Were I having sails made for a boat that my local guy had experience with, it would be another situation. In my case, he does my winter service, repairs and canvas work, and has done recuts twice as sails aged. Were I to tear a sail and need quick service, he would be right there.

 

My cruising main is a laminate- except in the smallest boats I'd choose a laminate over a woven cloth.

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velaspl@gmail.com

 

Check out this sailmaker in Portugal.Very competitive prices and well made sails.

 

Velas Pires de Lima.

 

I have no connection to them.Got a very good quote and have seen some of their sails.

 

Phil

 

And who is going to service the sails? Certainly not the Q guy you just screwed over for an order. And I doubt the Portuguese sailmaker is going to come help out. When will people realize the value of having a long term relationship with their sailmaker far exceeds the small savings of the moment.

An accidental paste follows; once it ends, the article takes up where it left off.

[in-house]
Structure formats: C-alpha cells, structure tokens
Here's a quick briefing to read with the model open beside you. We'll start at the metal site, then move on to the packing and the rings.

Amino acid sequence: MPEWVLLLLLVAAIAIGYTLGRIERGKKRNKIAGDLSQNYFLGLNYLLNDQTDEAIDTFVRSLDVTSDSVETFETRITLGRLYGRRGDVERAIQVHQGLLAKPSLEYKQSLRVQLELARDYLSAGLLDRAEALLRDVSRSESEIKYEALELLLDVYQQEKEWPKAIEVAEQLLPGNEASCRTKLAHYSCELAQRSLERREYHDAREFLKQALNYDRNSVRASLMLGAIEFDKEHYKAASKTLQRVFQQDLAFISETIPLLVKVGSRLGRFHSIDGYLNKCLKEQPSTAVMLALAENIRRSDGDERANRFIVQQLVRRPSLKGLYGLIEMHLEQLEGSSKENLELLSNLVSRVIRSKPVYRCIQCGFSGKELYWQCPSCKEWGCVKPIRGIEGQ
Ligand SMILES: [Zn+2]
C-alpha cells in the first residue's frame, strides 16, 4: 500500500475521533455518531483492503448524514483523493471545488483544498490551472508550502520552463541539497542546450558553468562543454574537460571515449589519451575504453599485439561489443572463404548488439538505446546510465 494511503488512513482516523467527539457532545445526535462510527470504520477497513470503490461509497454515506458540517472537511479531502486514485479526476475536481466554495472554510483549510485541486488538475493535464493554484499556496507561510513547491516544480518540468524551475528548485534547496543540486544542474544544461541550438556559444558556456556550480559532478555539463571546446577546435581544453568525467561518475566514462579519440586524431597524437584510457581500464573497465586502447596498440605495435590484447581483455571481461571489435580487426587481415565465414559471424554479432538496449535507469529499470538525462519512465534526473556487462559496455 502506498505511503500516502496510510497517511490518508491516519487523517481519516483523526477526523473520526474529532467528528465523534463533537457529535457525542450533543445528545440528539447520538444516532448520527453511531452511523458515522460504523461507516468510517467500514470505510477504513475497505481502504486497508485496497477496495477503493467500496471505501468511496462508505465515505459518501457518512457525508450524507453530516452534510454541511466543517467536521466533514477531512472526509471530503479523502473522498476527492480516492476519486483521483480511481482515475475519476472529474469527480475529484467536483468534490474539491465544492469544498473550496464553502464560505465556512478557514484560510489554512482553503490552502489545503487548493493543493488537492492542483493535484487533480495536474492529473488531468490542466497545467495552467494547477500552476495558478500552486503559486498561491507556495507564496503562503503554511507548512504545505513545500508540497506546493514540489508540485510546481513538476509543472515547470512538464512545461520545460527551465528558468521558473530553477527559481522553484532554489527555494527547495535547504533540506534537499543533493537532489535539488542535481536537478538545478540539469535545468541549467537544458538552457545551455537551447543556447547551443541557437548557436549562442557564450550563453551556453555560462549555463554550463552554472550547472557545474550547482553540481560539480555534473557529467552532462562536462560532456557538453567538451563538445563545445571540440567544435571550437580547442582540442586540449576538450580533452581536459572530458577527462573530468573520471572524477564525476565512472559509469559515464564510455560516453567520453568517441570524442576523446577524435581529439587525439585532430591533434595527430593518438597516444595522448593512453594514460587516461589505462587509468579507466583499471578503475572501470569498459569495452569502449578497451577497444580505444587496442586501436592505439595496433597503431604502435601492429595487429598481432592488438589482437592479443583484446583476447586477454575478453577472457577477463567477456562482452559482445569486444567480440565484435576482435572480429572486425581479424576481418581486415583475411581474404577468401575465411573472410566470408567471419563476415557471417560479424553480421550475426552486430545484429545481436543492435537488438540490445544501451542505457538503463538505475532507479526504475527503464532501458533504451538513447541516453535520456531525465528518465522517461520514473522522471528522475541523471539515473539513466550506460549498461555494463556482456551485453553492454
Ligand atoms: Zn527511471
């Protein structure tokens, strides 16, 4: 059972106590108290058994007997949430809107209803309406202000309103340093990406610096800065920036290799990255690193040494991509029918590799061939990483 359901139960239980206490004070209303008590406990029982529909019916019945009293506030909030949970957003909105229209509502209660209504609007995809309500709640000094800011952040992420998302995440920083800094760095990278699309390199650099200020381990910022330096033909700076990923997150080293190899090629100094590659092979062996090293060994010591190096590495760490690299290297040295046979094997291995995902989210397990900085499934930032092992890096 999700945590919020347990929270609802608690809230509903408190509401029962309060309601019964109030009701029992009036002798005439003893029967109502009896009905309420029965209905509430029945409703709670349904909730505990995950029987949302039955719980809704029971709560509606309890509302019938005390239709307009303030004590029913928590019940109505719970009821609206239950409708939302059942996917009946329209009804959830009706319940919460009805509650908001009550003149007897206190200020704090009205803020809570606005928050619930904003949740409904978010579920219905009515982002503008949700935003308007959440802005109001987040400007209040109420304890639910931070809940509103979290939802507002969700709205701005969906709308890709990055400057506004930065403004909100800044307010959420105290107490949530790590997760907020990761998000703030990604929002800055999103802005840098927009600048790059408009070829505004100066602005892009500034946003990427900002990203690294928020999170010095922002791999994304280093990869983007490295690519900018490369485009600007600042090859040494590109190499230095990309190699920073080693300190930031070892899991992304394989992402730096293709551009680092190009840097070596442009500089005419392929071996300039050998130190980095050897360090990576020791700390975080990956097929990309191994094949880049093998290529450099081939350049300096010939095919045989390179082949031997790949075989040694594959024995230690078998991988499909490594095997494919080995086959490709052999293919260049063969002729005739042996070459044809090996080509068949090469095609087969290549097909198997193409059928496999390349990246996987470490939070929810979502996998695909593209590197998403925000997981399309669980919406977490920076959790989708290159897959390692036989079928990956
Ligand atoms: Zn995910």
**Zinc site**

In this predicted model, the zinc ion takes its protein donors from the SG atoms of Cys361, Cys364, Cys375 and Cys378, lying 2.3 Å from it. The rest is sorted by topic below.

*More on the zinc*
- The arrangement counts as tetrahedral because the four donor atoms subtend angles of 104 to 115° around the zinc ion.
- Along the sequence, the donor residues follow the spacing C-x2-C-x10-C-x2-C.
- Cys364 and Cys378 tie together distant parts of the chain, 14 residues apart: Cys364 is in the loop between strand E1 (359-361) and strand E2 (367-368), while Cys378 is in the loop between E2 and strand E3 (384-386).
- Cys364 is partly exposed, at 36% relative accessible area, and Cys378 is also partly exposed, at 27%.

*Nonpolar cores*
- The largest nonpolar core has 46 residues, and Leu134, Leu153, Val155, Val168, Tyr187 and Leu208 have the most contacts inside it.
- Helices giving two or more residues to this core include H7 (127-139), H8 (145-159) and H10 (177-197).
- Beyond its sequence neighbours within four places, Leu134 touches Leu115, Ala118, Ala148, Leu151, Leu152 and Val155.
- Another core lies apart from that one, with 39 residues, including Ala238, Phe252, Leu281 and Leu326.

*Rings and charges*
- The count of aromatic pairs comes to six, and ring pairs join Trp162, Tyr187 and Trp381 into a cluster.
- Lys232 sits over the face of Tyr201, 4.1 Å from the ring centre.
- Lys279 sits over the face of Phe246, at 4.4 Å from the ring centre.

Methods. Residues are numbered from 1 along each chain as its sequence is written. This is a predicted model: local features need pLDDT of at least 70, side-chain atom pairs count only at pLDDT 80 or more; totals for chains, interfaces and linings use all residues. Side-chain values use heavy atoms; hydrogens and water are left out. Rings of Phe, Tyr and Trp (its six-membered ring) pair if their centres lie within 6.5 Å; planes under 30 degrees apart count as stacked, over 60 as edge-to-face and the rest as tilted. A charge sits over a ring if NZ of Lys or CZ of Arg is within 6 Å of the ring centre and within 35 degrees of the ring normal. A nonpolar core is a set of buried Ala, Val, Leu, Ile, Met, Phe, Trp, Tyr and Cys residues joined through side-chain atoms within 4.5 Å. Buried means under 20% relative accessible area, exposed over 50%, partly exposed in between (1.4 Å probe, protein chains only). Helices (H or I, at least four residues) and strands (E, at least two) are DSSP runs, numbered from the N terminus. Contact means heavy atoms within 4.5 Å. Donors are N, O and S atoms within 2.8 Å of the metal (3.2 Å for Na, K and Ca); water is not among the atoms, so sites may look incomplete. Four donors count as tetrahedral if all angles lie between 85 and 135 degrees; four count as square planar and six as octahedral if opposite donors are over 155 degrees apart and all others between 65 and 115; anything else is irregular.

:blink: Proximity is not necessarily inversely proportional to quality of customer service. I've heard plenty of anecdotal evidence to support this.

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Of course not. Just don't expect the best the sailmaker can provide, or to be the first on his list of people to service first. They're called sail makers for a reason. And keep in mind, if one small thing is wrong and it has to go to the sailmaker you shunned for the better deal, you'll end up paying more for the sail than you would if you had gotten it locally with a follow up guarantee.